NEW YORK —Sanofi-Aventis is the latest pharma powerhouse to make the move toward over-the-counter medicine with its Chattem merger—Pfizer’s acquisition of Wyeth and the Merck/Schering-Plough merger preceded it—which is further substantiation that OTC medicines are a key growth driver for pharma companies.
More than that, OTC represents a steady revenue stream for pharma companies, as opposed to the more volatile prescription-drug development market. “It…is very clearly aligned with our willingness to move away from the dependence on blockbuster medicines dominated in the United States and Europe, and have more diversified platforms that move us away from patents,” said Chris Viehbacher, Sanofi-Aventis CEO.
And OTCs are a growth industry, Viehbacher said, having 4% annual growth globally and more than 3% in the United States. “There is an increased propensity for self-medication,” he said. “Even in Western Europe and the United States, where access to primary care physicians is becoming more difficult,…the pharmacist is becoming a more critical player and also, therefore, are OTC medicines.”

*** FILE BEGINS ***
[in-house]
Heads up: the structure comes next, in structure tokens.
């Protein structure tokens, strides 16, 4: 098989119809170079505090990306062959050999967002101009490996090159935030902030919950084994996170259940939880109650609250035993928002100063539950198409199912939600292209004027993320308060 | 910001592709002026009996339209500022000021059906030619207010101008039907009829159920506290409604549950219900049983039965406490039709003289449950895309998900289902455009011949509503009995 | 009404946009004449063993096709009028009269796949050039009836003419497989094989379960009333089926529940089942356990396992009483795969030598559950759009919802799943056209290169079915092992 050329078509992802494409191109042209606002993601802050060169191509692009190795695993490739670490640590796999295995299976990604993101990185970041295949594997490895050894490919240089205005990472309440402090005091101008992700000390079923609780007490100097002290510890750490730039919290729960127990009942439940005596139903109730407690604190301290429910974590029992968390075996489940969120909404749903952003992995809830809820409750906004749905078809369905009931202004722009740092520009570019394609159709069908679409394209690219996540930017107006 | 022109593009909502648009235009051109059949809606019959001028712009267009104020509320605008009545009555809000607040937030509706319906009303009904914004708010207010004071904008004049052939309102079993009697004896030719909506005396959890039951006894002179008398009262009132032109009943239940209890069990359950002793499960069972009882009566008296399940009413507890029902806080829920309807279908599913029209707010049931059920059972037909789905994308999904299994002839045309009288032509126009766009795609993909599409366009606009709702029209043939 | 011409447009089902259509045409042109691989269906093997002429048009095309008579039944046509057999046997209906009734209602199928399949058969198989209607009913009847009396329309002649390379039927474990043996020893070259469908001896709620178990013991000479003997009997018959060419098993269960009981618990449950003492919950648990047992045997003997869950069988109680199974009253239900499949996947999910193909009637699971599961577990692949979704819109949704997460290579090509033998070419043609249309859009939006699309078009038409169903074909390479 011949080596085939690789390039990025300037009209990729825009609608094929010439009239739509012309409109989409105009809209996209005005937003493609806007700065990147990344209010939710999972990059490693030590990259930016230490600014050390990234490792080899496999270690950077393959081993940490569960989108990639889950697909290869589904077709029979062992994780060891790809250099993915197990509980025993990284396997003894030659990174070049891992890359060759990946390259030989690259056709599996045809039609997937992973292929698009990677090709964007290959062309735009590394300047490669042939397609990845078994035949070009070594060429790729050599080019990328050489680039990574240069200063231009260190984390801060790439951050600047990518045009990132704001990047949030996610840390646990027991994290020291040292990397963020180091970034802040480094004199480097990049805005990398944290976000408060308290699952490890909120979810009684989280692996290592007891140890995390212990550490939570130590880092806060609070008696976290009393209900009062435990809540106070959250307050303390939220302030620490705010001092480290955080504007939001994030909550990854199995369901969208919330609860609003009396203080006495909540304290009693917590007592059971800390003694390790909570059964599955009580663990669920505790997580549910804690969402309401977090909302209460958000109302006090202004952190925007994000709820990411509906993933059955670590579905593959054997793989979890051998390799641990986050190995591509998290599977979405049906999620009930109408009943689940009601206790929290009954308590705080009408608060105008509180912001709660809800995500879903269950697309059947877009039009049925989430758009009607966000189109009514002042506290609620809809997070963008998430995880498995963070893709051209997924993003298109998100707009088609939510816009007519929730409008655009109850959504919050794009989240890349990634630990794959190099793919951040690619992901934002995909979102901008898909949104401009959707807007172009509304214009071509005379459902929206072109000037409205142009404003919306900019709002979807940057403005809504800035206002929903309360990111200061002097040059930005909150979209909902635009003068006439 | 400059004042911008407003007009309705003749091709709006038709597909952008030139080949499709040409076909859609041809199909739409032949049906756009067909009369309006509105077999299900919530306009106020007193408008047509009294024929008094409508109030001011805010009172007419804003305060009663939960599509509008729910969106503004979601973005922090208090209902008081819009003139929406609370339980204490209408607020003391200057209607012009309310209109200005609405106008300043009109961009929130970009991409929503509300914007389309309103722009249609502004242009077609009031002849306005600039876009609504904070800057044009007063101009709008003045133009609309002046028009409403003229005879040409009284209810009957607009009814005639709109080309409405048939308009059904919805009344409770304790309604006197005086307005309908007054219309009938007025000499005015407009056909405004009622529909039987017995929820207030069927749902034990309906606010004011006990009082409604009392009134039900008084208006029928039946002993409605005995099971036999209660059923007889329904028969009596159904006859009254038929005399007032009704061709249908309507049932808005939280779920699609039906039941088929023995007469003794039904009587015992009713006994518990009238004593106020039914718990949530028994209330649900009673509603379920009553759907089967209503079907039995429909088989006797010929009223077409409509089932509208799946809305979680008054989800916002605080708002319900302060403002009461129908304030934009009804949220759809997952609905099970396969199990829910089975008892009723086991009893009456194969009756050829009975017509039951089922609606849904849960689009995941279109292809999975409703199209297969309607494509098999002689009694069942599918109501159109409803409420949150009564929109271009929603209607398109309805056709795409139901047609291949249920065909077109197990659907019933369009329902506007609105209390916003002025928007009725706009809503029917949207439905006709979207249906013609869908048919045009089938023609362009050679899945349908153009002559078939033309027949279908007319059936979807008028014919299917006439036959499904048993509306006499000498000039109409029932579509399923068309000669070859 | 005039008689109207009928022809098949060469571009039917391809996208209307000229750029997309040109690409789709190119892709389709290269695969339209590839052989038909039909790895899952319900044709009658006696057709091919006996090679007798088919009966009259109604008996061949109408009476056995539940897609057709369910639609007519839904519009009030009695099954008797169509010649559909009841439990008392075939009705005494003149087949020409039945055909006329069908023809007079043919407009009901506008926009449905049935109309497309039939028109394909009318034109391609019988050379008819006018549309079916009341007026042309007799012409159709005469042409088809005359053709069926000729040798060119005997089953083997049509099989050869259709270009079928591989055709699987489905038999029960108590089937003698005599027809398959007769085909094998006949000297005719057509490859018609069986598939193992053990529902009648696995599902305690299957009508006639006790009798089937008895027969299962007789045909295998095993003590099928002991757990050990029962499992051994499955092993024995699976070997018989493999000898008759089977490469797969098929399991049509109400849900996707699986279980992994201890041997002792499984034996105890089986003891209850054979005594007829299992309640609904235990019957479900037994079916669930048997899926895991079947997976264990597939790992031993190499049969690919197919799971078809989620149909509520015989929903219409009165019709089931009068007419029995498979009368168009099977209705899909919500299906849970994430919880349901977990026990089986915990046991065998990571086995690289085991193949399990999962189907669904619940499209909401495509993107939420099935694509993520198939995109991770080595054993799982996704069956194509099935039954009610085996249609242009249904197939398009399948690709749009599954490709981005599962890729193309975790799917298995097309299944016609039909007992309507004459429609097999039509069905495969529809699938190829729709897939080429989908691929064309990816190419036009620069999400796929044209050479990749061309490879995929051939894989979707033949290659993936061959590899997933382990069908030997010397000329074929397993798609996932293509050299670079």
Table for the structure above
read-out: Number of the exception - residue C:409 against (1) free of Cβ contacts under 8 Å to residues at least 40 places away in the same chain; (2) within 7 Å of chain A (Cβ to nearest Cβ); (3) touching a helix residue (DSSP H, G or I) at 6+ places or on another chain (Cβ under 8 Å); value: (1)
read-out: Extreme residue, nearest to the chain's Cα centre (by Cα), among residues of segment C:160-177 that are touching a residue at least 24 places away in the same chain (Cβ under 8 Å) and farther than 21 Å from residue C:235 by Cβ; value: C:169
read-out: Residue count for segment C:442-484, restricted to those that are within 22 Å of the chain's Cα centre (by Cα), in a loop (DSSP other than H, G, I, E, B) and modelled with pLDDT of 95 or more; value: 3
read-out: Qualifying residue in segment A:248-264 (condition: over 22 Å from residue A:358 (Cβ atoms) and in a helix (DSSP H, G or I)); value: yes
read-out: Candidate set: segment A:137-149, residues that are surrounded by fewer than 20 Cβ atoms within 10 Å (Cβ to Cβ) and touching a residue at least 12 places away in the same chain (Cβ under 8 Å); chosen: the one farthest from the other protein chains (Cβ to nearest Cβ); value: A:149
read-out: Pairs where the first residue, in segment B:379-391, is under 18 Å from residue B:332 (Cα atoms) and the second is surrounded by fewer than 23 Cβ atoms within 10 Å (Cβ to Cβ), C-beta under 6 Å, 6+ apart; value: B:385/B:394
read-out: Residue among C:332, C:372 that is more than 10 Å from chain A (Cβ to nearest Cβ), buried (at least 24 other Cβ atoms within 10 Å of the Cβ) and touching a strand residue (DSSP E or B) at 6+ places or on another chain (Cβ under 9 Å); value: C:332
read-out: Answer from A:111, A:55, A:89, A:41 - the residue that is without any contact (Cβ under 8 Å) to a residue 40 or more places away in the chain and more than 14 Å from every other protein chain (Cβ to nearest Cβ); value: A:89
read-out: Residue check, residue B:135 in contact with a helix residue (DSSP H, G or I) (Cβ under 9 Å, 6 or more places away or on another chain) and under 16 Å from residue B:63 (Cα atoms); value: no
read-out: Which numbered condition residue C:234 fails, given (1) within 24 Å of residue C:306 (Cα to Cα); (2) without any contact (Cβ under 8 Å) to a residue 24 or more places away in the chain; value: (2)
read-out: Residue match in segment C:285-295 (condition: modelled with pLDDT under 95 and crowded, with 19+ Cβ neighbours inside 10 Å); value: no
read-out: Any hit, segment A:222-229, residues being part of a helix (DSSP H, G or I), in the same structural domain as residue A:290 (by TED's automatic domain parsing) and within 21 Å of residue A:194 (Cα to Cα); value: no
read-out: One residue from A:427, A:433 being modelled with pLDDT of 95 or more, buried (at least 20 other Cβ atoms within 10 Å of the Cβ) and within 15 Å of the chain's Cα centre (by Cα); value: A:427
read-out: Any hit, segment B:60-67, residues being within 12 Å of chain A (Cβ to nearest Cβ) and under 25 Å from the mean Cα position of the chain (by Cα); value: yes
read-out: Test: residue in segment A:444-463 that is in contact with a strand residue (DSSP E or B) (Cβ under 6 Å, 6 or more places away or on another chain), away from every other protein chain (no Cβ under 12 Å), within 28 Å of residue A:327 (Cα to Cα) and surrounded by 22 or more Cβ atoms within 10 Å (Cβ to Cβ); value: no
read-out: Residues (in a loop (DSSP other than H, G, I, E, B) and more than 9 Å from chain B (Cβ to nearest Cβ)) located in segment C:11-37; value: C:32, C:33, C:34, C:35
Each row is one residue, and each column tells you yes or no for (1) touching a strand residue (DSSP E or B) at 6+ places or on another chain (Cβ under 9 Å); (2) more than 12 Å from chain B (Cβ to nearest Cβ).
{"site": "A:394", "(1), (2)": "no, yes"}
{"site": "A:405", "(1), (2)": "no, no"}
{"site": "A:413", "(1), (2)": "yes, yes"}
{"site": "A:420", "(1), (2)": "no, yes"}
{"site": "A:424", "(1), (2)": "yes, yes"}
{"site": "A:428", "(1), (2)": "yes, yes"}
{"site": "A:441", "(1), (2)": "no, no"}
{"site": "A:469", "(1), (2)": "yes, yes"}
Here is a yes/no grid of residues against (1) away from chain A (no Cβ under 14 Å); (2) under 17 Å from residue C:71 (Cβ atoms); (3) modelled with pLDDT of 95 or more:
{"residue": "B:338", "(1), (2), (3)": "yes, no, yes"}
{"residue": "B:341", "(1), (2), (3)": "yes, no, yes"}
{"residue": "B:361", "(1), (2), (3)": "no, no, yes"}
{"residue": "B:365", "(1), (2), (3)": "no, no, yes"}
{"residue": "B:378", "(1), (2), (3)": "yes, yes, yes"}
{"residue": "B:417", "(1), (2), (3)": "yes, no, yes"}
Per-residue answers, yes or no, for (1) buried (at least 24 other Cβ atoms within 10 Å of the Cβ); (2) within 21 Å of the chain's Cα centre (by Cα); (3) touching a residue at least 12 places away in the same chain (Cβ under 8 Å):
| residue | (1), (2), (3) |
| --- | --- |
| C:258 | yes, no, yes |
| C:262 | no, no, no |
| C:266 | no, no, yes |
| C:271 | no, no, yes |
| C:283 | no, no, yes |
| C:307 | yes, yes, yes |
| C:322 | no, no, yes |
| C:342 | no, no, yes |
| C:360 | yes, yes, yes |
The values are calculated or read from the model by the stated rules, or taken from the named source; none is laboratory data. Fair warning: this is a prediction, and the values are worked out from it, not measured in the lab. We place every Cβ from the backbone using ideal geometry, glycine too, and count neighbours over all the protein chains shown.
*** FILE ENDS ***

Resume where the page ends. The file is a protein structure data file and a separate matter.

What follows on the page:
Sanofi has stated it will push its own second-generation antihistamine Allegra through the Rx-to-OTC switch process very soon. Allegra currently boasts some 23 million prescriptions despite generic competition. Other future switch candidates include the anti-fungal Penlac, acne prescription BenzaClin and nasal allergy reliever Nasacort AQ.
The new Sanofi consumer healthcare division will be led by Chattem’s current management team, the company said.